In 2005, the U.S. government's "war on terror," as well as its operations in Iraq, were entwined in the same tortuous logic by which they had been conceived. After redefining the mission in Iraq from finding Weapons of Mass Destruction, to building democracy, to eliminating terrorists, to enabling the Iraqis to fight for themselves—and not being serious about any of these—the Bush Administration was arguing that to withdraw would be to admit defeat. But what would victory look like?Thus begins The Logic of the "Peace Process" by Angelo Codevilla in the Winter 2005 issue of the Claremont Review. Codevilla is a rare thing -- a Conservative principled enough to criticise the administration for fighting an indequate war. I don't necessarily agree with all of his prescriptions but his analysis of some the problems with the present "strategy" are very much on target. Here's another long excerpt:
Read the whole thing.
The Bush Administration had understood its commitment to "regime change" to involve merely the removal of some 55 high-ranking Iraqis. It learned the hard way—and even then, incompletely—that Saddam Hussein's regime consisted of at least 2,000 persons who wielded the levers of power in Ba'athist Iraq. They never surrendered; on the contrary, they continued to fight for victory. Thanks to ready sanctuary in Syria; massive amounts of resources stashed as part of the regime's post-invasion strategy; and the U.S. Occupation Authority's opposition to de-Ba'athification—many party members, accordingly, were reinserted into the government—the Ba'ath party resumed its role as the country's most cohesive force outside the Kurdish provinces. Just as important, the party faithfully represents the deepest fears and hatreds of 20% of the population: the Sunni Arabs.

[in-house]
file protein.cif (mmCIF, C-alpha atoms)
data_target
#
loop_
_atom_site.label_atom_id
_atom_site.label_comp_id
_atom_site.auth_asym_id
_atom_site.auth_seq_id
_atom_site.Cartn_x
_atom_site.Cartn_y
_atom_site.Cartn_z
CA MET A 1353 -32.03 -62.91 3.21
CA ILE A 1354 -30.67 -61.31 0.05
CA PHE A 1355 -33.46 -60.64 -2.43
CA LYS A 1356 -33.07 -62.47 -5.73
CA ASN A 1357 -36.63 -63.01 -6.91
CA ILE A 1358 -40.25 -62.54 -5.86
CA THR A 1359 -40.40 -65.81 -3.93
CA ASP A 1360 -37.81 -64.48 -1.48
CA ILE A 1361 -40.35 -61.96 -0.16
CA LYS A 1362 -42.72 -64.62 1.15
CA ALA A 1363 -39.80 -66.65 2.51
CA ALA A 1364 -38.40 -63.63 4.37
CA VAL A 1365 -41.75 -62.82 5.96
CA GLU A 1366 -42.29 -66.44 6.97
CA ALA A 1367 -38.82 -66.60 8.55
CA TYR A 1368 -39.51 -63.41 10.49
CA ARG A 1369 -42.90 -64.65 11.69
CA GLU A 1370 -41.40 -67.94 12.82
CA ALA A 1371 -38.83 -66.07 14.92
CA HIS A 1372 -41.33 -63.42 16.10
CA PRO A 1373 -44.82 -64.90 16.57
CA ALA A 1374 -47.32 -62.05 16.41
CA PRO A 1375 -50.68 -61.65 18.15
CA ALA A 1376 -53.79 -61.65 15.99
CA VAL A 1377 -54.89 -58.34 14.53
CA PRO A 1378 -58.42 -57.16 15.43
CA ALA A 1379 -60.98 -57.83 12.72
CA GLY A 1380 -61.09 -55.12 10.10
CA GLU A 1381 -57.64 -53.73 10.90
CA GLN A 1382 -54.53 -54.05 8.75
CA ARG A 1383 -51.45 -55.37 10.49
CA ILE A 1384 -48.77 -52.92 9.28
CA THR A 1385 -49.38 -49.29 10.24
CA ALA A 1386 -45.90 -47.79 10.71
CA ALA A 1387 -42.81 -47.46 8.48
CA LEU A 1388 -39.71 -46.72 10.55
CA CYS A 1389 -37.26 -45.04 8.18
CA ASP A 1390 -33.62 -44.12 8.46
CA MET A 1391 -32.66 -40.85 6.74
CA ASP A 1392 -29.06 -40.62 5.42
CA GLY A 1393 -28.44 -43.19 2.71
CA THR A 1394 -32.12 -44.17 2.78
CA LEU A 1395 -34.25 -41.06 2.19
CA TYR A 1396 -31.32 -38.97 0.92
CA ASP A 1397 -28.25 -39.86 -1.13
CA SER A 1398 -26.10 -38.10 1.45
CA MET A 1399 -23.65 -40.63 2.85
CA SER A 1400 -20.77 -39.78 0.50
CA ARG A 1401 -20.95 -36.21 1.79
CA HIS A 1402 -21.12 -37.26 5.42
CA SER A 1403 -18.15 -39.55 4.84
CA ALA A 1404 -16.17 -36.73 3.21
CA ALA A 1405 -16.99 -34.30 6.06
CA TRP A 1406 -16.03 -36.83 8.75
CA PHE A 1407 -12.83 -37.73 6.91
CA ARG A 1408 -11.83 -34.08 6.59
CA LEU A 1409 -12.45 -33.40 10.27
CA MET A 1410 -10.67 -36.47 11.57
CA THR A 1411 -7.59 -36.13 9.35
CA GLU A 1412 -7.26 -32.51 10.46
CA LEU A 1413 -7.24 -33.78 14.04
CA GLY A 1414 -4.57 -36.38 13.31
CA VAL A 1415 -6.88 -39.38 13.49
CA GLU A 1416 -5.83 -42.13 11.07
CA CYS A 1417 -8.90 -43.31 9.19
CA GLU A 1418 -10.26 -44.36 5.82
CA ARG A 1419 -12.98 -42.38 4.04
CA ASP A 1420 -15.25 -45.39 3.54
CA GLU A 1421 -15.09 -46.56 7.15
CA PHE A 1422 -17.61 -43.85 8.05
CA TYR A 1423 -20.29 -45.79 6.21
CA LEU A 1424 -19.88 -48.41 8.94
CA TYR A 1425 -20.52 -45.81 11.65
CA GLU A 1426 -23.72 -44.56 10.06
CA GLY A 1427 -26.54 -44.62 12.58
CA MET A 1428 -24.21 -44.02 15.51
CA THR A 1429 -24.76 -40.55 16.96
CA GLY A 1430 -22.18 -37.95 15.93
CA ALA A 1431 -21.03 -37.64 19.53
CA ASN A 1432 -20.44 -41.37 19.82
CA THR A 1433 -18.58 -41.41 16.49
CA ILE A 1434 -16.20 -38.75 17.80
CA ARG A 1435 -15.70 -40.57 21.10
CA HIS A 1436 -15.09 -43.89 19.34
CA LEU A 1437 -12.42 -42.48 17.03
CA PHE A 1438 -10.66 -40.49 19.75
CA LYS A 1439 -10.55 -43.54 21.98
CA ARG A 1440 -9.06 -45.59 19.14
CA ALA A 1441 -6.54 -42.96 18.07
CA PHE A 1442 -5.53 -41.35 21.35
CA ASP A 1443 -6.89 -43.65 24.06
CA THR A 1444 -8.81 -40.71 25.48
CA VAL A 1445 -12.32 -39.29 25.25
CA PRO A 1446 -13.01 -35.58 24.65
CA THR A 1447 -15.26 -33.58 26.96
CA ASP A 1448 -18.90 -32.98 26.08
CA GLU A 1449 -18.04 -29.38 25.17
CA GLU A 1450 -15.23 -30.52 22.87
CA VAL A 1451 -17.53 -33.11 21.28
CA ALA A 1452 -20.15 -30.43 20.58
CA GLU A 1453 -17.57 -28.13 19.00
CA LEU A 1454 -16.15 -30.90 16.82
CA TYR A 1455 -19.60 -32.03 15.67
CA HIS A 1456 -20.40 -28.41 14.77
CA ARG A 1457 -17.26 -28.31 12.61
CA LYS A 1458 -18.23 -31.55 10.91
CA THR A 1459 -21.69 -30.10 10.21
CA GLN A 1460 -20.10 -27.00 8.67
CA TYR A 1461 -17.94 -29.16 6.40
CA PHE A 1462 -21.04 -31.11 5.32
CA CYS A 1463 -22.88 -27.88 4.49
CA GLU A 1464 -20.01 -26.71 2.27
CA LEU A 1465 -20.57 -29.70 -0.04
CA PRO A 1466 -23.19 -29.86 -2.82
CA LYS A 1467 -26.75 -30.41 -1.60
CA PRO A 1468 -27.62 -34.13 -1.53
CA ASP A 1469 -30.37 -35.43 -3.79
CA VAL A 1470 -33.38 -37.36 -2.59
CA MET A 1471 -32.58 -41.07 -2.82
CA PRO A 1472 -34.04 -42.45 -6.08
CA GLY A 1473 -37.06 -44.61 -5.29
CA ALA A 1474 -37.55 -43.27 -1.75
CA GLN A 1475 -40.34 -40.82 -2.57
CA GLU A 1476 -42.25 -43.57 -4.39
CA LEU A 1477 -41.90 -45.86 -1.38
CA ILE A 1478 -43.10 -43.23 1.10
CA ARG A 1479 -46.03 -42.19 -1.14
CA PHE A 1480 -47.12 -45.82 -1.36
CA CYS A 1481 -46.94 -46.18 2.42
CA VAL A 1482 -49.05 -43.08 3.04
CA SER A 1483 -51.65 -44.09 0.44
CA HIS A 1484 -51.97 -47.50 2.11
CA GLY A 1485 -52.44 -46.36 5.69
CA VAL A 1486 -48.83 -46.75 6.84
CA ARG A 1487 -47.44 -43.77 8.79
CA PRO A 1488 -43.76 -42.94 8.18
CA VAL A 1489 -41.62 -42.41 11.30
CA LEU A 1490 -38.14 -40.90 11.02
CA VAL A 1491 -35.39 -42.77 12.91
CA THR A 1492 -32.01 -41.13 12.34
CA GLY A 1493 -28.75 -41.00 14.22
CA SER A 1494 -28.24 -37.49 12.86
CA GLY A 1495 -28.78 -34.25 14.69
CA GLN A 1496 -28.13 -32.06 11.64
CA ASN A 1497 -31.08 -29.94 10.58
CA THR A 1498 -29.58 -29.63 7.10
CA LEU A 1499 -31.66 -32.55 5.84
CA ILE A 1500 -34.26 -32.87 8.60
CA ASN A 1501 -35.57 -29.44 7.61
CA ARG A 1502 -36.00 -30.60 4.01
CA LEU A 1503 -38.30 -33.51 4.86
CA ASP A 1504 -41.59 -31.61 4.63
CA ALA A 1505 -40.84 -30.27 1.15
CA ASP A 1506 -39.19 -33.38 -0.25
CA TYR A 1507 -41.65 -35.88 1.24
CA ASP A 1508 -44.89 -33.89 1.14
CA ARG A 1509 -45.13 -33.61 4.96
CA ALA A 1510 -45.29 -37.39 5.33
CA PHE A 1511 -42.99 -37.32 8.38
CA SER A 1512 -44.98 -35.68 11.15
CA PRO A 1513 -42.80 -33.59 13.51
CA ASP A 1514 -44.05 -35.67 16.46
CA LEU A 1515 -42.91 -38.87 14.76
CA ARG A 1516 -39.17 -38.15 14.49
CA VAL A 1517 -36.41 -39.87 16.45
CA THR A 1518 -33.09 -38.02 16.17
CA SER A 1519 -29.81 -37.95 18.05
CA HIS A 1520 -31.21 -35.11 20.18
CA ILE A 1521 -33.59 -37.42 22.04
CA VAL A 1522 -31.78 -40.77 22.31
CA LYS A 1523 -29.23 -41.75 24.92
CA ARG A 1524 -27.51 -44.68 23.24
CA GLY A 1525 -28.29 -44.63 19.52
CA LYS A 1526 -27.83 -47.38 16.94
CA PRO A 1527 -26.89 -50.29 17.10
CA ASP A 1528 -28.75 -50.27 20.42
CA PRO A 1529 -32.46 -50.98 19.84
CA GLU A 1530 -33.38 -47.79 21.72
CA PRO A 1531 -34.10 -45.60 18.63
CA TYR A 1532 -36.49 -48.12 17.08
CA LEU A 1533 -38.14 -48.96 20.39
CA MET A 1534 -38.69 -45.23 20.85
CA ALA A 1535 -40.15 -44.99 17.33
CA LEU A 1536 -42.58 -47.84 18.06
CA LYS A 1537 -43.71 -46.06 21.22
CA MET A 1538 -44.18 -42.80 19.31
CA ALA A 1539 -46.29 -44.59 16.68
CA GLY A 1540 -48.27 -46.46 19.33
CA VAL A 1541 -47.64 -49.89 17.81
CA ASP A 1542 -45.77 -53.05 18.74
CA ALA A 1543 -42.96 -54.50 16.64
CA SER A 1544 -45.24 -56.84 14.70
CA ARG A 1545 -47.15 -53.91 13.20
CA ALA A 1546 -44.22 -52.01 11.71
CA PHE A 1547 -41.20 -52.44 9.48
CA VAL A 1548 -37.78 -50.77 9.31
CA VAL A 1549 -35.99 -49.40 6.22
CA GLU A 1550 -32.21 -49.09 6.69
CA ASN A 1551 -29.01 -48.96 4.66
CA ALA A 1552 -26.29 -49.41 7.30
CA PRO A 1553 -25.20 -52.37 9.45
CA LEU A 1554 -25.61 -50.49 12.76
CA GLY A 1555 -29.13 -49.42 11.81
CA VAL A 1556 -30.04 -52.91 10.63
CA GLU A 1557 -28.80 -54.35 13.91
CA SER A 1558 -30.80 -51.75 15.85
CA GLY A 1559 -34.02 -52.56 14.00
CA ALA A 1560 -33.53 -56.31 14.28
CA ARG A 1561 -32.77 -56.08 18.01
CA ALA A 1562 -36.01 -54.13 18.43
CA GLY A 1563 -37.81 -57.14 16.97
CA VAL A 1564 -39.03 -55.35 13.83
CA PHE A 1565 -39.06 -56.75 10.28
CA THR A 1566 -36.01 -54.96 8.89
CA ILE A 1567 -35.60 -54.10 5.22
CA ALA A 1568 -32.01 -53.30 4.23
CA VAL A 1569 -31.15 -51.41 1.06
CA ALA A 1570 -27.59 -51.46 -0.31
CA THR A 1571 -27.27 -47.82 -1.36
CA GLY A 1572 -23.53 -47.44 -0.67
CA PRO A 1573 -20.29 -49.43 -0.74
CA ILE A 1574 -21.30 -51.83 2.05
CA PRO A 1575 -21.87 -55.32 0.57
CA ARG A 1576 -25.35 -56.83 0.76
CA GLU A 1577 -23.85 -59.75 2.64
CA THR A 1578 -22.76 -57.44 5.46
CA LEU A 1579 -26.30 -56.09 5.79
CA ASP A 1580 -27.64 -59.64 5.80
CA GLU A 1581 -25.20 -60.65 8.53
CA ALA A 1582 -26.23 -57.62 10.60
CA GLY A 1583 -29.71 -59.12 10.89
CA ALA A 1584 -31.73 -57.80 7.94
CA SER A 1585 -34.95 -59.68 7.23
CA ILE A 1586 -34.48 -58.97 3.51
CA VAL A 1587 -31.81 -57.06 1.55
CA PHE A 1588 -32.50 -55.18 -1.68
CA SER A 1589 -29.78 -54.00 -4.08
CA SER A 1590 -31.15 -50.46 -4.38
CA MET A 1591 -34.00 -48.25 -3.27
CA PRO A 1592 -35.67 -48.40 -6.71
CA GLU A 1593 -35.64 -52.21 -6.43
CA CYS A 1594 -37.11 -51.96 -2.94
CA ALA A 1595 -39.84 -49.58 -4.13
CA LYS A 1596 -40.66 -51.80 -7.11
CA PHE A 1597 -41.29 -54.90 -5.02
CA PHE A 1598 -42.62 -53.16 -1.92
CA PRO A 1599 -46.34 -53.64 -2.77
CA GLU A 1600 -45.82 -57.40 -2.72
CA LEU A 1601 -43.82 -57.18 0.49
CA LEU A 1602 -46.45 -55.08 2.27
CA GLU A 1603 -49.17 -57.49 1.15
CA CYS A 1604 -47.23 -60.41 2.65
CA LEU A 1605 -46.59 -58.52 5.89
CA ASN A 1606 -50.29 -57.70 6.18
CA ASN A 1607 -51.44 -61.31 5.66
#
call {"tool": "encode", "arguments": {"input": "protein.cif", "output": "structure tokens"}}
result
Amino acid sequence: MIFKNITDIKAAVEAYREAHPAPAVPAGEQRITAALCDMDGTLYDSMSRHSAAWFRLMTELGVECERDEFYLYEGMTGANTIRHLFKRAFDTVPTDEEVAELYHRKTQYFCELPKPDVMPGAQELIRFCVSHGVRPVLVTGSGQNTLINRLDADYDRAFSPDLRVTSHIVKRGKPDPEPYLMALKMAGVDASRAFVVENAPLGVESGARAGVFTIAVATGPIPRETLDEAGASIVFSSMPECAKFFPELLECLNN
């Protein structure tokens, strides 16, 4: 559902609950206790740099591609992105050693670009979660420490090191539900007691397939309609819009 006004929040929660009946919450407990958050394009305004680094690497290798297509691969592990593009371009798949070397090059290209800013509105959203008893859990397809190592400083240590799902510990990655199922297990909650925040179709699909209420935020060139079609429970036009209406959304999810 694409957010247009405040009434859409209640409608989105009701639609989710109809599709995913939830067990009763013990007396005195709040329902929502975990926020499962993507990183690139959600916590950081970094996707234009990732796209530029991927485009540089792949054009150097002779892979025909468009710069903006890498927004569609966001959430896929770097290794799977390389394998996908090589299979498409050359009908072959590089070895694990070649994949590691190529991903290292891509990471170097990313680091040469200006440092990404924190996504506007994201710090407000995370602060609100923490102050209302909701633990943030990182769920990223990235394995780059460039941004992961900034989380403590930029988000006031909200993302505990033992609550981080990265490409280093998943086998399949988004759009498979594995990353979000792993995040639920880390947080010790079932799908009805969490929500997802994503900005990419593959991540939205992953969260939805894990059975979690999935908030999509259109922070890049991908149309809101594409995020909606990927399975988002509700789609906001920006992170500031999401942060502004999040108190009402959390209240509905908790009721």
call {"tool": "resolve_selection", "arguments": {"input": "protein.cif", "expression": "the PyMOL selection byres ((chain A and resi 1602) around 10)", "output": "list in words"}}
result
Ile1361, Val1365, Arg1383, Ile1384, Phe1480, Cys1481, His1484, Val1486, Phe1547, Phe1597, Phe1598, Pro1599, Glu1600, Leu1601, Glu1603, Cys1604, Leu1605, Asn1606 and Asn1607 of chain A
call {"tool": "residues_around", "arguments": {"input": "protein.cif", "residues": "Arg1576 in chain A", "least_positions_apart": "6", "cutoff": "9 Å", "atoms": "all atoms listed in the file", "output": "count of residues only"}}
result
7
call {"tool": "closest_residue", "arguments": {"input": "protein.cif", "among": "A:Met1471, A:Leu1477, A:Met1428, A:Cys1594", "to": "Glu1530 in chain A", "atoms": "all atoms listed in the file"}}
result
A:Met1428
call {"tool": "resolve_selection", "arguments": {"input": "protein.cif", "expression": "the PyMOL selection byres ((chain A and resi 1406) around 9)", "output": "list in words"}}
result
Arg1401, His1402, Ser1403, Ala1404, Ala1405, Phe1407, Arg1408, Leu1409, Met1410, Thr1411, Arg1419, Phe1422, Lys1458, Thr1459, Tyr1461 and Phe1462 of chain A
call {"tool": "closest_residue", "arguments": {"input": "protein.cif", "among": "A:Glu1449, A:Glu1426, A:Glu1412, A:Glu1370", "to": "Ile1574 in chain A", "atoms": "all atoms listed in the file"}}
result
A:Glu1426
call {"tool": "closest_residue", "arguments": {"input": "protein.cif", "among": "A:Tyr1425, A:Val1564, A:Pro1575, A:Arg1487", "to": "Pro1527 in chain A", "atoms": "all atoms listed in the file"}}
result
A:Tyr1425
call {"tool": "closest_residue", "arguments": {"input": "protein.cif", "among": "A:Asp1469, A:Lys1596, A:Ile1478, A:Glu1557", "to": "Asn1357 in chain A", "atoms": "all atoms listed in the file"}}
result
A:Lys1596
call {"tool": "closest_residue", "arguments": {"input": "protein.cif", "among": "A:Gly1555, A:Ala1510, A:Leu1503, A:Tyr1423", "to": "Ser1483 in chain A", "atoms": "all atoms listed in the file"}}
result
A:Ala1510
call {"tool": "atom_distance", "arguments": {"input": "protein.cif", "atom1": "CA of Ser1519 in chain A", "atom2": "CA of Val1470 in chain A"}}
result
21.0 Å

Contrary to what the administration wanted to believe, the Sunni population was the bedrock of the old regime. Although they had suffered almost as much violence at Hussein's hands as other Iraqis, he had given them powers and privileges that they had come to see as their birthright. And so the Sunnis fought to re-subjugate their fellow Iraqis. They murdered judges and intimidated witnesses at Hussein's trial, with the Arab world's tacit support. The Sunni view of America's role was summed up in a local newspaper cartoon that showed Uncle Sam's exit from bloody Iraq as passing over a bridge—controlled by a terrorist sitting at a negotiating table. The Sunnis fought to induce America into pressing their demands on other Iraqis, believing they could, by force of arms, obtain concessions from the U.S. that they could never obtain from their fellow Iraqis. They were correct. Iraq's majority, for their part, were dismayed that the American government was negotiating with their enemies behind the backs of the native people, even as it had decades ago in Vietnam.